I've been researching metal detecting laws in California, which is where I live. But based upon an answer to someone else asking the question on another website, this was the answer they received:
The California Code of Regulations, Title XIV, Division 3, Section 1 contains four sections applicable to the use of metal detectors in State Parks. Section 4305 prohibits the disturbance of any animal, Section 4306 prohibits the disturbance of any plant, Section 4307 prohibits the disturbance of any geological feature, and Section 4308 prohibits the disturbance of any archaeological feature. These regulations define, plant life as including; leaf mold, grass, turf, and humus; and geological features include earth, sand, gravel, and rocks.
The act of passing a metal detector over the ground in a State Park is not against the law. The prying up or digging out of an object however may be, as this may not be done if it disturbs the animals, plants, geological or archaeological features. Section 4309 gives the Department the authority to grant permits to disturb resources if it is in the best interest of the Department to do so.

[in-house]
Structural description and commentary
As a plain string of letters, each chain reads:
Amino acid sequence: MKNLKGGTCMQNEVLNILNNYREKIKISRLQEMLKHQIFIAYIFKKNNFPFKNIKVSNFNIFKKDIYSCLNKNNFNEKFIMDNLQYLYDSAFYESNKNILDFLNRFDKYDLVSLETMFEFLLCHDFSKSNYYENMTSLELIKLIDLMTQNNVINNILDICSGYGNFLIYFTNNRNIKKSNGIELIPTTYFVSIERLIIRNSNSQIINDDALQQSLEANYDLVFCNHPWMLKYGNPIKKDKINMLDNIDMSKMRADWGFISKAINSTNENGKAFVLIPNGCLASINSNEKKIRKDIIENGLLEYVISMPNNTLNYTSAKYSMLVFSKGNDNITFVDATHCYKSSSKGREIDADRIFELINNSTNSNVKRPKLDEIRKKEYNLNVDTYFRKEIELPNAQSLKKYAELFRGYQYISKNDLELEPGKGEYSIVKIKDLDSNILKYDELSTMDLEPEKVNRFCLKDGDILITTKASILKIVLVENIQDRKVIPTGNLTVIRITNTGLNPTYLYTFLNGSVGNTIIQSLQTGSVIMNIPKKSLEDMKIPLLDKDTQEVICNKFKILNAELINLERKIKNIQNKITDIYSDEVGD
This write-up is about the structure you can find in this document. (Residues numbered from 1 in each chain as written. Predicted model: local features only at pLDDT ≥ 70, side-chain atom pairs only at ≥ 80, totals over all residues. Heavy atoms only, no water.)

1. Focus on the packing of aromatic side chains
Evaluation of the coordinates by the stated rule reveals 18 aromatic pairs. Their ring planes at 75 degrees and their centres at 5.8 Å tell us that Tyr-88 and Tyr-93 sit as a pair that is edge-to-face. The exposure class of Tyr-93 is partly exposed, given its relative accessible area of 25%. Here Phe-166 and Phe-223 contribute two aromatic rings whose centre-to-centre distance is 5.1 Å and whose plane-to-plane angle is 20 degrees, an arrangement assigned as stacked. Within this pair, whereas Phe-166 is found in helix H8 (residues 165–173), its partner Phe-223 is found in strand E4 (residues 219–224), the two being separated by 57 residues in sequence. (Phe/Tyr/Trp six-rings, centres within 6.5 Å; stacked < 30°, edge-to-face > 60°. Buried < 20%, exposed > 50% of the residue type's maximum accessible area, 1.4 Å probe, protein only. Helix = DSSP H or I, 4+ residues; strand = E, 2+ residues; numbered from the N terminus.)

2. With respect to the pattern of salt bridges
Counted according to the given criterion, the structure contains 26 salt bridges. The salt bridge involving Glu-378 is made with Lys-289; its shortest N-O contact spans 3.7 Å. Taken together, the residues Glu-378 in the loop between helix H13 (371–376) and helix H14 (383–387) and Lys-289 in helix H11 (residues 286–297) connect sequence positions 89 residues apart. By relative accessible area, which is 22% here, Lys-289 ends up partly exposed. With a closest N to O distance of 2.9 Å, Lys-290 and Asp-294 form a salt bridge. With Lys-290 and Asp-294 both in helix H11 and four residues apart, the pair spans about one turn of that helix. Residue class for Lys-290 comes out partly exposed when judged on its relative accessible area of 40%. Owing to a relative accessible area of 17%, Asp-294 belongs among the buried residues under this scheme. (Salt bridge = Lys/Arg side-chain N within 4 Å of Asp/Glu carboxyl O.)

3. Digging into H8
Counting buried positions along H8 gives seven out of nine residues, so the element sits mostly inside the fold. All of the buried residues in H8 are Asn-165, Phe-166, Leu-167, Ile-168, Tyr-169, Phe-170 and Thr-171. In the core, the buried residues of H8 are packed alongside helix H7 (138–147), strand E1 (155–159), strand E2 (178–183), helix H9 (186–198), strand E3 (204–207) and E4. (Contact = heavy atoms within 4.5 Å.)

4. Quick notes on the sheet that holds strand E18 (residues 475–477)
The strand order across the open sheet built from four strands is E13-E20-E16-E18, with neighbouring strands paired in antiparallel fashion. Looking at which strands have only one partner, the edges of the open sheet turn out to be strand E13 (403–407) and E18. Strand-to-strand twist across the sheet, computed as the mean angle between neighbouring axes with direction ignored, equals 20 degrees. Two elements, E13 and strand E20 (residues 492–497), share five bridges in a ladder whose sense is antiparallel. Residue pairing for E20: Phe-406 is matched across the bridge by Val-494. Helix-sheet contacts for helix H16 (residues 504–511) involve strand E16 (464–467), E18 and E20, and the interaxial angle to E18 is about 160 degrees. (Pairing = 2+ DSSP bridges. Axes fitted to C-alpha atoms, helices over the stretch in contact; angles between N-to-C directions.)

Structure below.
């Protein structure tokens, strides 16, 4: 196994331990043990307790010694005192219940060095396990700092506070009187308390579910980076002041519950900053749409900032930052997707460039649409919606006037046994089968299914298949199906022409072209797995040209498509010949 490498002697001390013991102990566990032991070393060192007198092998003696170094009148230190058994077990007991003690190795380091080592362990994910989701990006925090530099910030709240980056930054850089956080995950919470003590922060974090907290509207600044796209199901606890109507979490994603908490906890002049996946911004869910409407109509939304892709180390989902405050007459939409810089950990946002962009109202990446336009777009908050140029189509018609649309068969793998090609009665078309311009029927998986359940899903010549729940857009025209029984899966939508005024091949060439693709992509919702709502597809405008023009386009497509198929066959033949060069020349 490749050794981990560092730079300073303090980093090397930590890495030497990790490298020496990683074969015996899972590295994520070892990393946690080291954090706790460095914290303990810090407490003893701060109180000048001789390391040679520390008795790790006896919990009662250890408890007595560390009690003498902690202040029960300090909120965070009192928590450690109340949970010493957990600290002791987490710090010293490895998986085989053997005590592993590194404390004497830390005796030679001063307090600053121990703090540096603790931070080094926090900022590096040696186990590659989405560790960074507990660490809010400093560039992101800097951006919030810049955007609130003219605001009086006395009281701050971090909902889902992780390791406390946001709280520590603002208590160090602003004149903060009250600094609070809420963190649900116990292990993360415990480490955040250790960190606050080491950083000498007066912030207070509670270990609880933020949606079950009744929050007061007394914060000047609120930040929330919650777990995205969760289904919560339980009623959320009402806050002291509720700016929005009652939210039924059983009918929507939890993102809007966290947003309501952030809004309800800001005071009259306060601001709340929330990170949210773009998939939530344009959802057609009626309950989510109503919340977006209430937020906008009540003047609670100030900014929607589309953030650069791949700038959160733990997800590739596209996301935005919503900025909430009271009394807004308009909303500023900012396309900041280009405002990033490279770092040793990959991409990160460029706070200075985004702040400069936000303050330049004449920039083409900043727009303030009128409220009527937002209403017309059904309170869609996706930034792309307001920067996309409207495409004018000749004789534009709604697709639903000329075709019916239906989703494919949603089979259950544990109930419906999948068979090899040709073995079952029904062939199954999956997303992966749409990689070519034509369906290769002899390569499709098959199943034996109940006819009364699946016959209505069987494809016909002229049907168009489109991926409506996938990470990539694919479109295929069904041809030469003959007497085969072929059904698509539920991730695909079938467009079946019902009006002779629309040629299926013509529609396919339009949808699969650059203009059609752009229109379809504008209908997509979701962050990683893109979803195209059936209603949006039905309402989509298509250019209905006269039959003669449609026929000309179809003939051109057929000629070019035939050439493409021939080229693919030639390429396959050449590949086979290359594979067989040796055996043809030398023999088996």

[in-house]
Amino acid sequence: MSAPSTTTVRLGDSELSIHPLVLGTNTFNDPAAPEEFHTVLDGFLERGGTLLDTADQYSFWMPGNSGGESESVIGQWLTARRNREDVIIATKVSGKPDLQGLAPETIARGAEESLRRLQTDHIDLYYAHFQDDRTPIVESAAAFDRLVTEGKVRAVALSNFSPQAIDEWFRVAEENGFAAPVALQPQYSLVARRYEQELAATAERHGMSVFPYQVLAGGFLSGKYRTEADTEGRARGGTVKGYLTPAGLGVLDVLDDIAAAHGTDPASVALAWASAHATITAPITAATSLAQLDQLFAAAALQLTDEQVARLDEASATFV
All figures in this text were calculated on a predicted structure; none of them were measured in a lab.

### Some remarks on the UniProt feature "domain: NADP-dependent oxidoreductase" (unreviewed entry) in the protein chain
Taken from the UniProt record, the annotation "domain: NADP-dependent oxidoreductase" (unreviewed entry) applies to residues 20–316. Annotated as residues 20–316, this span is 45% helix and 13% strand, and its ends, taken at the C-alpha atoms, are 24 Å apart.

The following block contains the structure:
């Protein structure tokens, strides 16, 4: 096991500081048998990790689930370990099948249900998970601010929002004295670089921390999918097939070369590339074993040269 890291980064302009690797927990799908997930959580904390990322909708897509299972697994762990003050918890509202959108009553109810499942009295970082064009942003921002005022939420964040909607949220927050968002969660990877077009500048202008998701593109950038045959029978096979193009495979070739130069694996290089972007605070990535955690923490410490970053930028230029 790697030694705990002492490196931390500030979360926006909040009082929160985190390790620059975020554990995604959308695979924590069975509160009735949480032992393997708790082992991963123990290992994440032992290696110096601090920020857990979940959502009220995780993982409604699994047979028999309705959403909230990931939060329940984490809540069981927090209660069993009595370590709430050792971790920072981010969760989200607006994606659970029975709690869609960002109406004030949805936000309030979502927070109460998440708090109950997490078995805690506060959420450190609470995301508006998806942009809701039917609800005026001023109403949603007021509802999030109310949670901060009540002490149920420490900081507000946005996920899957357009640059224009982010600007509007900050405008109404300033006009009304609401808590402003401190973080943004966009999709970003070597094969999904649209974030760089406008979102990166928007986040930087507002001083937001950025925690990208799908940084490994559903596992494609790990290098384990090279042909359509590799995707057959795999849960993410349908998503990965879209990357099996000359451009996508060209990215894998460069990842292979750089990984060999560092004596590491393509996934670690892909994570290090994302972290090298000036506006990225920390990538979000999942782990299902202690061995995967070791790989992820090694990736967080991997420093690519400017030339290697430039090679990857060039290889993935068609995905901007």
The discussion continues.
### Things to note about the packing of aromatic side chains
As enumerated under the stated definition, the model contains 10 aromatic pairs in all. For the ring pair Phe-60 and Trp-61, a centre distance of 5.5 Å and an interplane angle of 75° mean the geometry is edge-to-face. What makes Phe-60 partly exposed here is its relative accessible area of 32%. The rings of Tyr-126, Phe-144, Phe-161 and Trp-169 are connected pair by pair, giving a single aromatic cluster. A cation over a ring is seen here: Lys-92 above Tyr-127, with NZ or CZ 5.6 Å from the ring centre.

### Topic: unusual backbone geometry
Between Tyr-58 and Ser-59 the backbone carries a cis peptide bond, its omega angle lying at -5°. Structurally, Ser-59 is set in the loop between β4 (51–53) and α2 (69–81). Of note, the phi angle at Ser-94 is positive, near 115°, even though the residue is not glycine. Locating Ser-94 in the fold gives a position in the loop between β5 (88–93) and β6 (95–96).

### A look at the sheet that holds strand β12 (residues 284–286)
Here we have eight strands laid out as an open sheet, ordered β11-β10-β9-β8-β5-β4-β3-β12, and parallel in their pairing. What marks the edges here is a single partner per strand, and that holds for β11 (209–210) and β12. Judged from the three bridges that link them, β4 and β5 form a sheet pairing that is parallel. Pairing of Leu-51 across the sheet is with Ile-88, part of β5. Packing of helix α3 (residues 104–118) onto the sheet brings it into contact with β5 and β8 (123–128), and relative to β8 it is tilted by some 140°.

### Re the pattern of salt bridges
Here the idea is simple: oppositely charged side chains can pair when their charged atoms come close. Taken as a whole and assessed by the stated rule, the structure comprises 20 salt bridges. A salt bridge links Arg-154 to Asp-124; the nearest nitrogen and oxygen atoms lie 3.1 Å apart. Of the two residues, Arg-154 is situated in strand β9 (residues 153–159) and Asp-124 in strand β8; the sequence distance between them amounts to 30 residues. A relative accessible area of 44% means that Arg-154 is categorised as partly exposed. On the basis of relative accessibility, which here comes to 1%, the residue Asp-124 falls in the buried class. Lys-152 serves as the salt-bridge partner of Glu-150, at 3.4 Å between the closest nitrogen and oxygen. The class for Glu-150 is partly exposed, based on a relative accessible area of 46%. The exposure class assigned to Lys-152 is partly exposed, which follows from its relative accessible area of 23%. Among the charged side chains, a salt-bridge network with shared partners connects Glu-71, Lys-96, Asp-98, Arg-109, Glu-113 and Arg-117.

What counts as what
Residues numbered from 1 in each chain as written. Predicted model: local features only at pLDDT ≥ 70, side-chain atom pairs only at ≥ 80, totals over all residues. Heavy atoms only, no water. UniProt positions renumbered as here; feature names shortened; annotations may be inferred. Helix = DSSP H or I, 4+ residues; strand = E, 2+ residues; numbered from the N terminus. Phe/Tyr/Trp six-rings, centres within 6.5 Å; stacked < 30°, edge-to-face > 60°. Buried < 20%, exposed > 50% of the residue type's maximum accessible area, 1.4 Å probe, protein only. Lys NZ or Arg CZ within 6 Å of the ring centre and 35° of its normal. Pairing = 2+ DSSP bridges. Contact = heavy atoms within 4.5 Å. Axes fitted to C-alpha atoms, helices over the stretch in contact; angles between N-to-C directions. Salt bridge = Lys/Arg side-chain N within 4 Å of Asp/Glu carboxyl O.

Since the units of the Department are extremely varied, we have delegated the authority to regulate activity related to metal detectors to our District Superintendents. Therefore, you will need to contact personnel in the park in which you wish to perform metal detecting and follow their instructions as to where and how you may metal detect.
Do they mean public parks are included as well? Or is this just referring to state property and parks?
Pillar Of The Community
Just a suggestion, but for state parks, you may mention having a tool that will allow you to replace the grass and turf above the coin--e.g., take out a nice big chunk with a sharp trowel, then dig down to your hit, then replace the dirt and place the turf back on top. I used to do this in my backyard to hunt earthworms for fishing, and I promise, if you take a decent chunk (about the size of a baseball) with the next rain the earth will run back together, and the grass will not be particularly disturbed--it'll grow just fine.
I unfortunately don't have a detector, but that would be my suggestion--"disturb" would seem to mean "harm," so.
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